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Understanding the Sexual Health Needs of Youths Experiencing Homelessness

Review Paper Highlights Factors that Affect Access to and Selection of Birth Control

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Youths experiencing homelessness (YEH) become pregnant at five times the general population rate, according to a recently published review led by Dr. Elizabeth Aparicio, assistant professor of behavioral and community health. 

Nearly half (44%) of young homeless women ages 18 to 25 are either pregnant or parenting, the review reported. 

The subgroup also faces daily stressors, including food insecurity and lack of shelter. Another reality is being at risk for sexual assault, often experiencing sexual exploitation and being forced to engage in survival sex, exchanging sex for necessities like shelter and food. 

Additionally, their sexual and reproductive health needs aren’t being met by medical, educational and social services, the review argues. However, social workers and allied colleagues are “well-positioned to address such needs across sectors.” 

The review, “Birth Control Access and Selection among Youths Experiencing Homelessness in the United States,” provides a scope of literature resources intending to improve sexual and reproductive health equity for the YEH subgroup. 

To compile the literary content, the research team filtered through three online databases using keywords like “YEH,” “homeless teenagers,” “street youth” and “birth control.” The team retrieved 203 articles, and 23 of them met inclusion criteria.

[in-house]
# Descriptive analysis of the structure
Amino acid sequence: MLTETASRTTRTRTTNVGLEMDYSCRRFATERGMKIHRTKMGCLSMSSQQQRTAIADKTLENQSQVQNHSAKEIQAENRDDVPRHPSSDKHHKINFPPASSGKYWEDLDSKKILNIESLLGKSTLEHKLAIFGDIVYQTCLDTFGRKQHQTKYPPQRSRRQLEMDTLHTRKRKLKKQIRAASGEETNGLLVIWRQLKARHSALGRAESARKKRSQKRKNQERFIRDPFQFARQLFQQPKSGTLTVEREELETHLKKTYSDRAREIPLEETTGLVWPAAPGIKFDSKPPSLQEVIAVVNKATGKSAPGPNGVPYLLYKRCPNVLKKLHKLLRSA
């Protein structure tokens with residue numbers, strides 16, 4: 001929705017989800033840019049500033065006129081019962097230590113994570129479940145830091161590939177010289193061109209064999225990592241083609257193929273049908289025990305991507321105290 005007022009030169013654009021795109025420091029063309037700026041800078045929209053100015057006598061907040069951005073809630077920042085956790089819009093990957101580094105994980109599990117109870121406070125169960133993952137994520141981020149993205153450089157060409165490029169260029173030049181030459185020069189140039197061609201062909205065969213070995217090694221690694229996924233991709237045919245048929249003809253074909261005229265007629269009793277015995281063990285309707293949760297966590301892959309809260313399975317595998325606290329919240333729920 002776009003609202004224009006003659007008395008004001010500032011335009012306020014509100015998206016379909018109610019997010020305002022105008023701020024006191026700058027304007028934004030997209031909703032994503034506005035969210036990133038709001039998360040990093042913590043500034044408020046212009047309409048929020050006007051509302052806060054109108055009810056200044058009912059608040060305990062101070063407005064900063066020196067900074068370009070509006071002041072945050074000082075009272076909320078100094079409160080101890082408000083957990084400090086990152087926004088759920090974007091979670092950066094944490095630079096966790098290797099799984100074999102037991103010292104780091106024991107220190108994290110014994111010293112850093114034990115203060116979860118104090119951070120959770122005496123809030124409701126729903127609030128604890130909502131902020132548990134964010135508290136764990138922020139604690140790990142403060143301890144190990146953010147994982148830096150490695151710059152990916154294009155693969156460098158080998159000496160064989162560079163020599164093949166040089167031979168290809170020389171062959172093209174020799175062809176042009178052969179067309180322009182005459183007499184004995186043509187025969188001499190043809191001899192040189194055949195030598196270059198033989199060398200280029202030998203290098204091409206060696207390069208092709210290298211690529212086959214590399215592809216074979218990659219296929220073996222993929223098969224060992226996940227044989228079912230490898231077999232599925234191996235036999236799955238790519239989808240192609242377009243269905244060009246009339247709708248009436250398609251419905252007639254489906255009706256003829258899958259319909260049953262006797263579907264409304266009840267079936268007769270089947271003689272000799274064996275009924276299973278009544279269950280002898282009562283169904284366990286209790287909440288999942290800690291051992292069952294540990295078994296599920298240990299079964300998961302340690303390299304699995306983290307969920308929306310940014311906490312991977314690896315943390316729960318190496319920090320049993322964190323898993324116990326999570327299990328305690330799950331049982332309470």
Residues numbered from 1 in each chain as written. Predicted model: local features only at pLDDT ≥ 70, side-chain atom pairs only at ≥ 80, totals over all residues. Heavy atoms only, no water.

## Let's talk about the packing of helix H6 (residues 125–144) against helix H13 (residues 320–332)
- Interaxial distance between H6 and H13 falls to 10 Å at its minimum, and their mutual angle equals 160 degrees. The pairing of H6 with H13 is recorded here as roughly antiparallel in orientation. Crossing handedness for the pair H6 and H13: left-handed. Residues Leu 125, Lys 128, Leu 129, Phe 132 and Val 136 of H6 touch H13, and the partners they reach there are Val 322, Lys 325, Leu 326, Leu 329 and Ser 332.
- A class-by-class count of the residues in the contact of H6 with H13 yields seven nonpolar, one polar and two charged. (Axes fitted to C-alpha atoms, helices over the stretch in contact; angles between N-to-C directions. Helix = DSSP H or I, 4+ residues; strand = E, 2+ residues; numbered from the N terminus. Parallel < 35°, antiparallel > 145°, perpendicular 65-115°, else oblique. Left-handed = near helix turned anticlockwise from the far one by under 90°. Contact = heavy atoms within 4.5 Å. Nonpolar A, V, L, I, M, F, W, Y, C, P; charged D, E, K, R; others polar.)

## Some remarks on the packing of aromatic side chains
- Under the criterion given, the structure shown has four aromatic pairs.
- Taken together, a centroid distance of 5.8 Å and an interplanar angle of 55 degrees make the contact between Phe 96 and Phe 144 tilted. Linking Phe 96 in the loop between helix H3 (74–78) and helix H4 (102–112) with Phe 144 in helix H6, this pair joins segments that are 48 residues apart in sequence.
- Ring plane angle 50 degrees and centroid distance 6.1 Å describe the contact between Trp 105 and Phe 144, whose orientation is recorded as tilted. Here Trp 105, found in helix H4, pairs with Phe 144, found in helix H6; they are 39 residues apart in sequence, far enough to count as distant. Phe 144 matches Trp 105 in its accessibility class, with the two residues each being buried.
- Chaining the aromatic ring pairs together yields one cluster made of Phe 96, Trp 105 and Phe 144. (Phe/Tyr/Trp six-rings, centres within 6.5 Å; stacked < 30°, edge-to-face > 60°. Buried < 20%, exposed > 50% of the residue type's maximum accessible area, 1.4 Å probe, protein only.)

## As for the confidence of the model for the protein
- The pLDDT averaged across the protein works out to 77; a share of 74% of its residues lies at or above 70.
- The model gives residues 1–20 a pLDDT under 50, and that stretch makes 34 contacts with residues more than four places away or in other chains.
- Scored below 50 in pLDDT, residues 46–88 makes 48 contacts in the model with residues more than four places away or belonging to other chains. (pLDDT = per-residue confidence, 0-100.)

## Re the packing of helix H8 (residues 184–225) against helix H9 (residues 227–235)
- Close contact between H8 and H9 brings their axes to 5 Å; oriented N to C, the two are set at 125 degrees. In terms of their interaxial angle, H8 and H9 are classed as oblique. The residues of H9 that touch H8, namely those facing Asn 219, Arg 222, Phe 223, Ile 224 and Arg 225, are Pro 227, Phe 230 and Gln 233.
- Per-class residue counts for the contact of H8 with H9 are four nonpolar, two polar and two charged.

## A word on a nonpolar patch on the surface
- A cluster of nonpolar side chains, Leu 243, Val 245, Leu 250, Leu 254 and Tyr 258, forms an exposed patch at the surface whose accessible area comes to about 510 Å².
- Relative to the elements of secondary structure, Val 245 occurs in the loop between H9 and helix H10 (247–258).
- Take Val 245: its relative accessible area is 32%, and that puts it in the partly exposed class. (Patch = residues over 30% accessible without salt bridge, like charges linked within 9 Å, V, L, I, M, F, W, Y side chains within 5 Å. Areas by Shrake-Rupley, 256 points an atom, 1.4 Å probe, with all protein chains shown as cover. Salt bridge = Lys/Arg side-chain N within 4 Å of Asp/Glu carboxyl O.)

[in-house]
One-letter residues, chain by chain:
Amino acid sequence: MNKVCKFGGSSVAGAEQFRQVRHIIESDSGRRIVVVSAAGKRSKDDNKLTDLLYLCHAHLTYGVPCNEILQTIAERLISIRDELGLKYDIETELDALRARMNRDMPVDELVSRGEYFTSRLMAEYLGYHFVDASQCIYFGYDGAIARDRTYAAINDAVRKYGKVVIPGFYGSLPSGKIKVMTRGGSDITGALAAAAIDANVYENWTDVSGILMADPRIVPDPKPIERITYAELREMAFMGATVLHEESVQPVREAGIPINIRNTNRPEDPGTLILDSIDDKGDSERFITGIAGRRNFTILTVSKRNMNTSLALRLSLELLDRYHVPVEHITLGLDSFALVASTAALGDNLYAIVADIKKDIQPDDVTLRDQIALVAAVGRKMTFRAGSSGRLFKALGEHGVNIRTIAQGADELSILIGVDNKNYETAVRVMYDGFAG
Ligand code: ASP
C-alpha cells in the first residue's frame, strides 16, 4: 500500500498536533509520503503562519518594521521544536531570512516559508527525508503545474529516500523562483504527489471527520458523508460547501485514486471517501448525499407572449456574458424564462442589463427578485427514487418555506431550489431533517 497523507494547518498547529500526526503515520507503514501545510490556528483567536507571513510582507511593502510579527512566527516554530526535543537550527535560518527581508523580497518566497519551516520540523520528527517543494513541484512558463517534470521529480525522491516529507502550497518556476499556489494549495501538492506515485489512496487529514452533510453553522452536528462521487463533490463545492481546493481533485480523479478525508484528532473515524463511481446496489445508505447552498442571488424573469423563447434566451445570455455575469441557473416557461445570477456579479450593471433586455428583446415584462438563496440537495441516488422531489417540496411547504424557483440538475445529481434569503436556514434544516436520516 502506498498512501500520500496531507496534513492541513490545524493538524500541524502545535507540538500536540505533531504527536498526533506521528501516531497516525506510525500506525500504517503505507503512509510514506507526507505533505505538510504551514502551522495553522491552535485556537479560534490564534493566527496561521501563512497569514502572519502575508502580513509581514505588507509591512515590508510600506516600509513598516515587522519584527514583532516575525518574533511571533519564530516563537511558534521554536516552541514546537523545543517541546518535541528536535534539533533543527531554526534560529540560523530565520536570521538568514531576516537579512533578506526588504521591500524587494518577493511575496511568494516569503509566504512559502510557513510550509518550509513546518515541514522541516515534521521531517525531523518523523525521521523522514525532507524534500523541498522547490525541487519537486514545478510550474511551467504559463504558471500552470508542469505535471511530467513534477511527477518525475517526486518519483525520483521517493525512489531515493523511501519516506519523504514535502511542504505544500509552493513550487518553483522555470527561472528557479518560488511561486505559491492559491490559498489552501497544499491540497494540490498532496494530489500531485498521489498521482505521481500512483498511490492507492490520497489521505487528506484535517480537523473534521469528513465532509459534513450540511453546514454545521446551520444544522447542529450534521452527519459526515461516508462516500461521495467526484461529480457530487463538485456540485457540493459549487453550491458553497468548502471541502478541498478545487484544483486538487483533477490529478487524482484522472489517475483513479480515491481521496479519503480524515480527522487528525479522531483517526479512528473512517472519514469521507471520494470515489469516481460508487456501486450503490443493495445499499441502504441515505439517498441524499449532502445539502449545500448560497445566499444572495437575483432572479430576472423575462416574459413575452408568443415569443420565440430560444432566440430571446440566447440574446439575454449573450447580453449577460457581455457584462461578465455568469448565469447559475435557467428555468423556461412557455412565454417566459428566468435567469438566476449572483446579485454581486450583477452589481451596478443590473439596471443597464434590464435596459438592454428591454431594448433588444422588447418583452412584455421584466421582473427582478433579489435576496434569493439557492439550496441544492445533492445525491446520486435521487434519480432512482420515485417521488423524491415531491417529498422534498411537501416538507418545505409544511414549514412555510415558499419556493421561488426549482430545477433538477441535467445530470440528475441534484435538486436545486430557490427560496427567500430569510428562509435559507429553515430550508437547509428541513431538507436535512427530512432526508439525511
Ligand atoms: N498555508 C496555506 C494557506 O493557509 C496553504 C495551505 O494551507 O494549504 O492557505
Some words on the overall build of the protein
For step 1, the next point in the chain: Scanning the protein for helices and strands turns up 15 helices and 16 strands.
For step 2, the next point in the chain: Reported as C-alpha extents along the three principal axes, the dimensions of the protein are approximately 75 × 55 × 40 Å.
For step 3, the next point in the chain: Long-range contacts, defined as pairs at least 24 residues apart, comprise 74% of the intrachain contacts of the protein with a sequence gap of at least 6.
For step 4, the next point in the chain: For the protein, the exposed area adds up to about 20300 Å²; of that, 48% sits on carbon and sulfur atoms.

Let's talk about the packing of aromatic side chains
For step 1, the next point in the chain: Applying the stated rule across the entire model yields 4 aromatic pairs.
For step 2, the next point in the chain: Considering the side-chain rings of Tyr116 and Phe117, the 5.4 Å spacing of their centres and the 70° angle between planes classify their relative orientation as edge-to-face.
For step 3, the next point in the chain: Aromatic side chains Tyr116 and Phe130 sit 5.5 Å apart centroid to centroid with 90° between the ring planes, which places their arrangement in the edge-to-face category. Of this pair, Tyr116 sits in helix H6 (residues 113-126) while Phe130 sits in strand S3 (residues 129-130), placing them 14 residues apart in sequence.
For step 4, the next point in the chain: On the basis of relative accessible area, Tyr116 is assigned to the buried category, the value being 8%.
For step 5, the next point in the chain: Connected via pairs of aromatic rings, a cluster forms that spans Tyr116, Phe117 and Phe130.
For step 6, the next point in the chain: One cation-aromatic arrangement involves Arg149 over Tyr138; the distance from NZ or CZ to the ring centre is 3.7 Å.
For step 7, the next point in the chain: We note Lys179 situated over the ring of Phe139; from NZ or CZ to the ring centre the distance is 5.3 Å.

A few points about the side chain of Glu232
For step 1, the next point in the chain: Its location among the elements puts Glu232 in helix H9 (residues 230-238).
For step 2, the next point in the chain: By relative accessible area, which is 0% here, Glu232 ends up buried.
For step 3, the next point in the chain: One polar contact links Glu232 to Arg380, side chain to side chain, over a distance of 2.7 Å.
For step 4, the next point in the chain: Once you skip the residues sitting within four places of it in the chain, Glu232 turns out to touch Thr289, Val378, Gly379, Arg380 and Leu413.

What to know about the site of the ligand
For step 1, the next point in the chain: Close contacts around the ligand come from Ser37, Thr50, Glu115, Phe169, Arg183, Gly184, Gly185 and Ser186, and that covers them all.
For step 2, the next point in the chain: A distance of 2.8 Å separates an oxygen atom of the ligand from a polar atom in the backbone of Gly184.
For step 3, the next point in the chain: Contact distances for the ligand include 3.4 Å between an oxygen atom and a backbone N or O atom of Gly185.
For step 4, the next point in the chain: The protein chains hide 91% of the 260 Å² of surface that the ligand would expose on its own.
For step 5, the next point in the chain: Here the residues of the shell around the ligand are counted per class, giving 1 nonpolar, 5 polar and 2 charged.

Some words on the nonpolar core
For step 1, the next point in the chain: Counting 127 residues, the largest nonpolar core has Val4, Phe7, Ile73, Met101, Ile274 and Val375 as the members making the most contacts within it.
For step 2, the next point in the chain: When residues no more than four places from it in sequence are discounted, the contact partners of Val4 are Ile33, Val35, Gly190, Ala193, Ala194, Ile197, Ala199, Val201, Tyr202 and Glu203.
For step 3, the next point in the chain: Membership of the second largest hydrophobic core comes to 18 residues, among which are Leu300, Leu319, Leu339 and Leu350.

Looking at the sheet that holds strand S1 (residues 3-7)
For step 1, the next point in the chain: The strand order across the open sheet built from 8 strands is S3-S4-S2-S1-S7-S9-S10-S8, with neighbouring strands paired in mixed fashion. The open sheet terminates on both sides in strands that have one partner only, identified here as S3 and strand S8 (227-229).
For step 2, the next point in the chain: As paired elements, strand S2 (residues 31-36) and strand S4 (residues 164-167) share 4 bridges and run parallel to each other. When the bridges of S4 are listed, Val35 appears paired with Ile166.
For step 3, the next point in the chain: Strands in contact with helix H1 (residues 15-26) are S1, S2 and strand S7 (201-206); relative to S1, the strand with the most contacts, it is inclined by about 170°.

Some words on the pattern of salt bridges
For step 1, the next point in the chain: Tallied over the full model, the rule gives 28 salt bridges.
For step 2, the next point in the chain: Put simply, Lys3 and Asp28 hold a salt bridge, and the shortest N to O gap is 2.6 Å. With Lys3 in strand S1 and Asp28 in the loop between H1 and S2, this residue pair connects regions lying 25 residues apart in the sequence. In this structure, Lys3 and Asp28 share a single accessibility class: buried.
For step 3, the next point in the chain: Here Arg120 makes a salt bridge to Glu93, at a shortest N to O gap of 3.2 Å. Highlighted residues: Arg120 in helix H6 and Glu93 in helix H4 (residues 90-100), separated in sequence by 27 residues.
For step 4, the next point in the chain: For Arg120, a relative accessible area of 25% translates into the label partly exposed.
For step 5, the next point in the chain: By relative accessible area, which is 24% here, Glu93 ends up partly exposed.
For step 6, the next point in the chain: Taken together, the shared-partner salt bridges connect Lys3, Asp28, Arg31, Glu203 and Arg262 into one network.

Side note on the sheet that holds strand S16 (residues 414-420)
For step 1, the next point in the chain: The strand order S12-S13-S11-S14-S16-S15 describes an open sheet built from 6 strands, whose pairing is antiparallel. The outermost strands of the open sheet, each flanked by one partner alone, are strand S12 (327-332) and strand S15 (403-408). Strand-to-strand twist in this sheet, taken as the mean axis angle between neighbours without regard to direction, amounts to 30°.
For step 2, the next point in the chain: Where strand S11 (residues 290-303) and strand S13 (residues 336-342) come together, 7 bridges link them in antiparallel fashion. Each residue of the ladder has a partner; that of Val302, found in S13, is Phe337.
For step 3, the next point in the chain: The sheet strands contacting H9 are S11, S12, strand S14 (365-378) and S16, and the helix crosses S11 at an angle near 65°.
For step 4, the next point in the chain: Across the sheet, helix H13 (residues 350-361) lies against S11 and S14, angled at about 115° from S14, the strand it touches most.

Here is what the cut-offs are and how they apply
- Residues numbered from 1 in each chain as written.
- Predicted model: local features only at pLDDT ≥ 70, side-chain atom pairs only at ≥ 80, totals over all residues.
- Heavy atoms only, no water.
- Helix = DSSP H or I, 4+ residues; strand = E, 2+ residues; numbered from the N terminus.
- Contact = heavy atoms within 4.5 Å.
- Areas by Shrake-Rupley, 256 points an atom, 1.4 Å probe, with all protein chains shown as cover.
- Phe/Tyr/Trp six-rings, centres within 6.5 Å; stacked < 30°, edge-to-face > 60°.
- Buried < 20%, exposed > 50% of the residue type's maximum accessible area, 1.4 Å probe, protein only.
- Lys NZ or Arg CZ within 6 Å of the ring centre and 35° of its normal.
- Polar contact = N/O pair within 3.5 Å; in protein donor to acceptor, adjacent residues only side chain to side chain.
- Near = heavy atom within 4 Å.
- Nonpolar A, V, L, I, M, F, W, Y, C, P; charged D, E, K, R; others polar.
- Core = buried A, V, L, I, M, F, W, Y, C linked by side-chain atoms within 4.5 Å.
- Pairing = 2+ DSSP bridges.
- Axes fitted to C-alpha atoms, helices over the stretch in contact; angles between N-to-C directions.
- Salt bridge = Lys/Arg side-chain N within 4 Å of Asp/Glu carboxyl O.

Elizabeth Aparicio, faculty member of the School of Public Health at the University of Maryland
Assistant Professor Elizabeth Aparicio

“To conduct a focused study, researchers have typically honed in on a single level impacting how youth access and select birth control,” Aparicio said. 

The researchers organized the results into one of three categories of the socioecological model: “intrapersonal, interpersonal or structural” factors. 

Intrapersonal factors involve youths' attitudes, intentions and behaviors. Interpersonal factors include relationships with peers or partners, and structural factors encompass medical care availability and cost of birth control, she explained.

Critical findings from the online research emerged, including roadblocks and facilitators to condom use, youths experiencing homelessness's impact of hormonal birth control side effects and the effects of “economic insecurity” that promote exposure to violence, survival sex and sexual exploitation. 

“Our research team functions from a reproductive justice approach, meaning that we want to uplift strategies that recognize youth experiencing homelessness as having the inherent right to decisions about their bodies - if and when and how to use birth control while planning their families or for other health needs,” Aparicio said.

“We hope these findings are useful to guide programs and policies that center youths' rights and ensure that youth can carry through decisions they are making about birth control access and selection,” she added.

The review, published in Health & Social Work Journal, was written by Aparicio, along with University of Maryland School of Public Health Behavioral Community and Health graduates Jamie Fleishman, a research associate for Kaufmann and Associates and Dr. Olivia Kachingwe, a postdoctoral fellow at Johns Hopkins University Bloomberg School of Public Health, and Public Health Science Program graduate Julia Novick, a law student at Boston University.

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